Different times, different problems
Obesity, asthma and diabetes have replaced polio, measles and other infectious diseases as the biggest health problems facing school-ageD youngsters
By Rebecca Kuzins 01/17/2013
With reports of childhood obesity now flooding the media, it’s hard to remember a time when concern about overweight kids was far surpassed by public anxiety about polio, measles and other infectious diseases. But in the 1960s and 1970s, thousands of American children suffered from these illnesses, some of which were, as yet, untreatable.
“Health care issues since the 1960s have moved from acute preventable diseases — those eliminated by vaccines — to chronic, manageable conditions like diabetes, obesity or asthma,” said Kelly Hardy, director of health policy for Children Now, an Oakland-based children’s advocacy organization.
The Centers for Disease Control and Prevention (CDC) has compiled a list of 16 diseases prevented by childhood vaccines, including diphtheria, tetanus and mumps. The incidences of these diseases has been dramatically reduced and, in some cases, virtually eliminated.
For example, in the 1960s and 1970s, one of every 250 American students was infected with the Haemophilus influenzae type b bacteria, according to James D. Cherry, a physician specializing in pediatric infectious diseases and the Distinguished Professor of Pediatrics at UCLA’s Geffen School of Medicine. In the same period, Cherry added, there were about 20,000 reported cases of the disease annually; 50 percent of these cases resulted in meningitis and “of these, the death rate was 7 percent. At least another 20 percent had some neurological complications, including deafness or retardation.”
Today, however, Cherry said this type of flu is “virtually gone” because of vaccines commonly in use in the last 20 years.
Cherry also noted similar declines in measles because of a vaccine introduced in 1963: “Before then, there were about 500 deaths a year due to measles, and 1,000 other [children] had encephalitis, with many becoming brain-damaged.” He added that in 1963, 20,000 babies suffered “severe damage” from German measles (rubella), another disease for which there is now a vaccine. Similarly, the Salk vaccine, introduced in 1957, and the Sabin oral vaccine, introduced in 1962, had a “pretty dramatic effect on polio.”
Children today are more likely to suffer from chronic diseases than infectious illnesses. Ann Rector, coordinator of health programs for the Pasadena Unified School District, cites obesity, asthma and diabetes as the district’s major health problems.
Asthma, she added, is the “most chronic disease,” affecting 1,600 children, or about 8 percent of the district’s students. Many of the children also suffer from allergies. “I grew up in the 1960s, and I don’t remember peanut and food allergies,” she said. “All of a sudden, everyone’s allergic to something.”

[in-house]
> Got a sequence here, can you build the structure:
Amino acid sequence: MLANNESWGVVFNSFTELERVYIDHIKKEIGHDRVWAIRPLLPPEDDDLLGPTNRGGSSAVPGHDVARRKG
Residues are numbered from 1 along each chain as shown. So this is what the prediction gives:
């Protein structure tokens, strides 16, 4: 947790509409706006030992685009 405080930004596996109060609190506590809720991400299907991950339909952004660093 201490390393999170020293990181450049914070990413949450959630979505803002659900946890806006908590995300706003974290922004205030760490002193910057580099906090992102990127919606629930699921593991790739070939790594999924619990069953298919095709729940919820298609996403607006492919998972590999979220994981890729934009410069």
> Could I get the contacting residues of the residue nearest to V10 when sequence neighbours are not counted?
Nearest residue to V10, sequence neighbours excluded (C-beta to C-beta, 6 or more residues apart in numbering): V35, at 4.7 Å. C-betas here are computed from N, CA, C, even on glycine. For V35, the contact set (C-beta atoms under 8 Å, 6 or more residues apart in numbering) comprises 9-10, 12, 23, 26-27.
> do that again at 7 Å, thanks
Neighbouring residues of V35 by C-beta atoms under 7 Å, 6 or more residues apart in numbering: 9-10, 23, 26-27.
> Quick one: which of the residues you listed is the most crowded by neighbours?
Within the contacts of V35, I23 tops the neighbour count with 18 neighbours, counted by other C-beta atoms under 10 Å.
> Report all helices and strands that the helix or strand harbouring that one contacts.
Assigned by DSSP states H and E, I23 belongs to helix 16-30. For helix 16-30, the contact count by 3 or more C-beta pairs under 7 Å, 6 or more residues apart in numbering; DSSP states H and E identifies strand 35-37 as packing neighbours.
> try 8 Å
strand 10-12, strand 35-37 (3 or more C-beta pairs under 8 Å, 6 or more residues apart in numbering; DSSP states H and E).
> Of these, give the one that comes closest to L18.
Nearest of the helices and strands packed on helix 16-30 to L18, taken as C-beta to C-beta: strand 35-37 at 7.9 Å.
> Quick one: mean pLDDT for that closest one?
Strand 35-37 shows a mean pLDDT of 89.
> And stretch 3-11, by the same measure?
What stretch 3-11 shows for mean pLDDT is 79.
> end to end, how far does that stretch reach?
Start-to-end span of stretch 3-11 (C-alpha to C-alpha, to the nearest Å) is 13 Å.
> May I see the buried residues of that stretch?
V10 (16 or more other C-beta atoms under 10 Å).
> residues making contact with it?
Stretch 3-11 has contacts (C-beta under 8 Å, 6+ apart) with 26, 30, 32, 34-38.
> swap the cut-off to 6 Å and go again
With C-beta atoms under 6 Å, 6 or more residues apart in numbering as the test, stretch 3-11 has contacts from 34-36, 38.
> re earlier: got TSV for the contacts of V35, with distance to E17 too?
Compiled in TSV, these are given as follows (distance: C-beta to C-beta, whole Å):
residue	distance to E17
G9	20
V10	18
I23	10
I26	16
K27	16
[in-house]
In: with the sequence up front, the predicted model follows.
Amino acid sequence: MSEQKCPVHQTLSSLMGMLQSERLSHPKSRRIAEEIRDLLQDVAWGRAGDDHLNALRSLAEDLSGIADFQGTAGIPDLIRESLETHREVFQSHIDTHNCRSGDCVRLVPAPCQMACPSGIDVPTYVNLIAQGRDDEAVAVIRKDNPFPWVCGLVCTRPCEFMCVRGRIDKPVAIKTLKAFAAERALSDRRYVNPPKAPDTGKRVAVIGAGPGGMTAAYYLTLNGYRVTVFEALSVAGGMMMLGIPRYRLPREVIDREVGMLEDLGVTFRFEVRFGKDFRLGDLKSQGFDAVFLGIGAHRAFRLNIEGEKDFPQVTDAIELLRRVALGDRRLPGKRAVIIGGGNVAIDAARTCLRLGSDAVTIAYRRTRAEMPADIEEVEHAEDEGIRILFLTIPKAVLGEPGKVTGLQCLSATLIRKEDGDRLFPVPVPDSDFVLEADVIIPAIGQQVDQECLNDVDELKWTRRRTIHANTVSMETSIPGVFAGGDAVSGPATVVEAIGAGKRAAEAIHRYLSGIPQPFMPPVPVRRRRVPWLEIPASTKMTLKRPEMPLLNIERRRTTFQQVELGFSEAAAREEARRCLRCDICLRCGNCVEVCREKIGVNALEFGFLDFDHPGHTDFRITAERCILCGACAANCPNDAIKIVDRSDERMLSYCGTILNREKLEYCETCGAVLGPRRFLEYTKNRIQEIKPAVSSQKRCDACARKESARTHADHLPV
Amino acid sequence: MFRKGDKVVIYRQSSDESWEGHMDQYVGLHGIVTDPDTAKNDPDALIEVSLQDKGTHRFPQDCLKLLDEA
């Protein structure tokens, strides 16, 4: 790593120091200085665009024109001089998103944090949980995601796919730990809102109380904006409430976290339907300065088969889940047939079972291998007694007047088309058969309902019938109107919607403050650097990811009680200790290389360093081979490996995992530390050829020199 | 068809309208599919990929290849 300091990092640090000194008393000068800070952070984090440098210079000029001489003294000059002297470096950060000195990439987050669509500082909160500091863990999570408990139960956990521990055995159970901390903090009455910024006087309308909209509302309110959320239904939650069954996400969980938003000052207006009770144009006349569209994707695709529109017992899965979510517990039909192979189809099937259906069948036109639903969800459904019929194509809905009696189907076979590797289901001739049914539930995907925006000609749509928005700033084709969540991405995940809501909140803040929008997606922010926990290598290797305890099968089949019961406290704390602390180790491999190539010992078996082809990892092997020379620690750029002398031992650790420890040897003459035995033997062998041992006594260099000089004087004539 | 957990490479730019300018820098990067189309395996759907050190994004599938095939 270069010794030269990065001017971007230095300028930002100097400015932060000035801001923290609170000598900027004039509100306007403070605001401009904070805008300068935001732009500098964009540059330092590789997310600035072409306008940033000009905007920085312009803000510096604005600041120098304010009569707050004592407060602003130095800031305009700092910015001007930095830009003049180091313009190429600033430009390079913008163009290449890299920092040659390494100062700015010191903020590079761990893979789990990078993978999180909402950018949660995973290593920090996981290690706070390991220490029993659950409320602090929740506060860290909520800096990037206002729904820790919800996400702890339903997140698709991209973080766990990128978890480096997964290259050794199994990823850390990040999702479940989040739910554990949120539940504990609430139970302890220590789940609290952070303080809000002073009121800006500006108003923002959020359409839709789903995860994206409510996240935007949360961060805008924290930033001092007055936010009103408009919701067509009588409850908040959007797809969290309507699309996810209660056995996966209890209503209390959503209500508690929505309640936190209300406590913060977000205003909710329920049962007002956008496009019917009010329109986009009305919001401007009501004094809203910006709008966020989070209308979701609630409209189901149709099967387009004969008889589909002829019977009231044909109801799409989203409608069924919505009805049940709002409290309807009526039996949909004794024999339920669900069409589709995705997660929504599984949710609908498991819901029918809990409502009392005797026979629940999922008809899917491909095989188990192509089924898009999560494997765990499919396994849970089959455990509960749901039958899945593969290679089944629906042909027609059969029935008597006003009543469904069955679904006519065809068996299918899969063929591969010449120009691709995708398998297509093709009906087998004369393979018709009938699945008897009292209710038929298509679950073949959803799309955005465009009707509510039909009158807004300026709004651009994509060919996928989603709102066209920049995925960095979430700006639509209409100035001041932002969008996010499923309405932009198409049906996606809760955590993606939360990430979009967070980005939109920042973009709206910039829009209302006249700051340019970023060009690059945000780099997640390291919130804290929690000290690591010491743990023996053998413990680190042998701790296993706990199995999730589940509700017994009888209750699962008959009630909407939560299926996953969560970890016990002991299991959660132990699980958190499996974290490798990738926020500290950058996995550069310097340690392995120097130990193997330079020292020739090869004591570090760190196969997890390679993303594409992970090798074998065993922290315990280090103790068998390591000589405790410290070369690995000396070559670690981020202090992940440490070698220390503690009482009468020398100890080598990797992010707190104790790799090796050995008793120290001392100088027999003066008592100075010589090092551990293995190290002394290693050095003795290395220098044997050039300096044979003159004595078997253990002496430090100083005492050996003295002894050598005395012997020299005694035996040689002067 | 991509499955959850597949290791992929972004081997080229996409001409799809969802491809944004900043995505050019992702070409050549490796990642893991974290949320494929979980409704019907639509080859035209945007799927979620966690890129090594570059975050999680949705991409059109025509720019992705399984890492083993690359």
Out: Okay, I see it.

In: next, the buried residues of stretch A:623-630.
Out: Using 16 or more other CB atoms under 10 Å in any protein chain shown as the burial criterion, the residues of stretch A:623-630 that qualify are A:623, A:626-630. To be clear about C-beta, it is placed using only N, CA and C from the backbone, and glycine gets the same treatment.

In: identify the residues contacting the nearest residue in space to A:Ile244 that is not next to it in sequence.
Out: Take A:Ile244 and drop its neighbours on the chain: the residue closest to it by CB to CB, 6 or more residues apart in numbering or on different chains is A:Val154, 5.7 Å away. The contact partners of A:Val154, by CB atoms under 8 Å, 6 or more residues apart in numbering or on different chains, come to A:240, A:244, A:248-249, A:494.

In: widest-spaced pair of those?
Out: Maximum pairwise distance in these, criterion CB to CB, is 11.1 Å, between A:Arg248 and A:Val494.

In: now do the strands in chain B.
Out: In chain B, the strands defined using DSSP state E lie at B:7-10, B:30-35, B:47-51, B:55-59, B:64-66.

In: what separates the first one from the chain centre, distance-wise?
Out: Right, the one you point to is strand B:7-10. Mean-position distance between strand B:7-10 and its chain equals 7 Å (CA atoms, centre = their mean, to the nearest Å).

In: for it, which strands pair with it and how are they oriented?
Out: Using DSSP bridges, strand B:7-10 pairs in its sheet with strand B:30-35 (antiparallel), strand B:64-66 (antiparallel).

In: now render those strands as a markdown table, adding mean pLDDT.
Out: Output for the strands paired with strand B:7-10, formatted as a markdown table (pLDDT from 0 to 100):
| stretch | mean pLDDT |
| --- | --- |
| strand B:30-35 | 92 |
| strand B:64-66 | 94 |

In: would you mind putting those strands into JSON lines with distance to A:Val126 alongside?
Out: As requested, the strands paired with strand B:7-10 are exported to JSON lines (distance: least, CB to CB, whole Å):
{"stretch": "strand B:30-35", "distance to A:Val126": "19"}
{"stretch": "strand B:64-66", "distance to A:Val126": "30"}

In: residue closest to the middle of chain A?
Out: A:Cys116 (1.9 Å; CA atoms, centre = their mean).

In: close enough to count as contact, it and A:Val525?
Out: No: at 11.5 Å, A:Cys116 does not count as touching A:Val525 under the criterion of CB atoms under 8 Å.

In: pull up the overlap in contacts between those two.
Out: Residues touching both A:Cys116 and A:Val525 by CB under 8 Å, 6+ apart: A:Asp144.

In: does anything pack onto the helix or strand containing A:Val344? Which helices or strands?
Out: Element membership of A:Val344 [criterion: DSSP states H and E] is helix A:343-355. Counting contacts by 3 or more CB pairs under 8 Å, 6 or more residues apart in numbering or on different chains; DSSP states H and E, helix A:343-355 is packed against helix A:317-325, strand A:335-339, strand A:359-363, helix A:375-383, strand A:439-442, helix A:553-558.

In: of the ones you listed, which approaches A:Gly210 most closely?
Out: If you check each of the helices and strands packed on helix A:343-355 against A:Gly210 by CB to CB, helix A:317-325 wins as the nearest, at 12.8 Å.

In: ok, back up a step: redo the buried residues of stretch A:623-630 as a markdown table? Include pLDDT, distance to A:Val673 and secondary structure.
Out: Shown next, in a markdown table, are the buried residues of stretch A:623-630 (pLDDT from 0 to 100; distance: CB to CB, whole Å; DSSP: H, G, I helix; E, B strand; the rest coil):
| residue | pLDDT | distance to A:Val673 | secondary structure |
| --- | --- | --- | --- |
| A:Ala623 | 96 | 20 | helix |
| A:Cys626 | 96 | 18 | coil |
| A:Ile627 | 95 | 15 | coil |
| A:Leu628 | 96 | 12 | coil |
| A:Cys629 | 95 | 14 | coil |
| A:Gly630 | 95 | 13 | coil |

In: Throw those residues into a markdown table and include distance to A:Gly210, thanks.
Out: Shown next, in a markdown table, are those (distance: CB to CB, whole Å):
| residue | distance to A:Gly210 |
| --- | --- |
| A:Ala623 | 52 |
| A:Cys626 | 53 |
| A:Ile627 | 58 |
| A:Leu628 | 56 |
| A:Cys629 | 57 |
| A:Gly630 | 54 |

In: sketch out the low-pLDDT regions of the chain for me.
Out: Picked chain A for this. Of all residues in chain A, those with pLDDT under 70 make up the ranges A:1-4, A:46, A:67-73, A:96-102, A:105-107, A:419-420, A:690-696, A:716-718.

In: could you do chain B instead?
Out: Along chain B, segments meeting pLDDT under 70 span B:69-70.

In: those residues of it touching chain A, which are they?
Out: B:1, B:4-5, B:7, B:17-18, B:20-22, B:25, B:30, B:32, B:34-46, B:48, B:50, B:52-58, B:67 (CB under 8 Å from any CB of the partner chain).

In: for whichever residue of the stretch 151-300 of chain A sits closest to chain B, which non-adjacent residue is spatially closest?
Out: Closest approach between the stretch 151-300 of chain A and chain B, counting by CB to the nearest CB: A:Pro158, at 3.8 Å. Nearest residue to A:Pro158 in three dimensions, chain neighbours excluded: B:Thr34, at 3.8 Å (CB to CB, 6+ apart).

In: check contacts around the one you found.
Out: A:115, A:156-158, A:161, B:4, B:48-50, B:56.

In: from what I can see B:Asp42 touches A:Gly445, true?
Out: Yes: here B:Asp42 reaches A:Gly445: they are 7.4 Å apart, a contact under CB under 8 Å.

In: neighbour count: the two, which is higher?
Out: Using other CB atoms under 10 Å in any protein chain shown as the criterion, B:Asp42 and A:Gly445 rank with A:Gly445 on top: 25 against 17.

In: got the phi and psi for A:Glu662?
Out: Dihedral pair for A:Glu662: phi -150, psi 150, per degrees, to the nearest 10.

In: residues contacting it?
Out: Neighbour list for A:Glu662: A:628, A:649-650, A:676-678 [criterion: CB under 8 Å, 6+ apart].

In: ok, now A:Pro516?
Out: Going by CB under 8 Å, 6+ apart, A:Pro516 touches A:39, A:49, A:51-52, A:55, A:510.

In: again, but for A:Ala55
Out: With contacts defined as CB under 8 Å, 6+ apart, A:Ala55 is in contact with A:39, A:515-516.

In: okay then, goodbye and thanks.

Rector said incidents of Type 1 and Type 2 diabetes are also increasing, with the latter often resulting from obesity. Each year, the state compiles statistics comparing California students’ heights and weights with CDC-recommended measurements. Recent data, Rector said, concluded that “48 percent of the district’s students were outside of the healthy fitness zone. They’re not necessarily obese, but they are overweight.”
School health directors, like Rector, are now more apt to examine the impact of the environment, family and society on children’s health than they were 40 or 50 years ago. For example, in Pasadena’s public schools, Rector said it is more common for poor children to be obese than those from wealthier families. “It’s a hard struggle here,” she said about the district. “A lot of the health problems follow poverty.”
However, children of all economic backgrounds are more likely to be covered by health insurance today than they were in the 1960s. Hardy attributed the increase to “the creation and expansion” of two government-funded programs for low-income people: Medi-Cal (California’s name for the federal Medicaid program), and the Healthy Families Program, which this year will be consolidated into Medi-Cal.
Data from the US Census demonstrates this increase in health insurance coverage. In 1987 (the first year for which data is available), about 7.6 million California children under the age of 18 had some type of health insurance, compared with 9.2 million in 2011 — a 21 percent increase. In 1987, 16 percent of the state’s children were uninsured, compared with 10.8 percent in 2011; 68 percent had private insurance in 1987, compared with 54.6 percent in 2011; and 17.7 percent were covered by Medi-Cal in 1987, compared with 38.5 percent in 2011.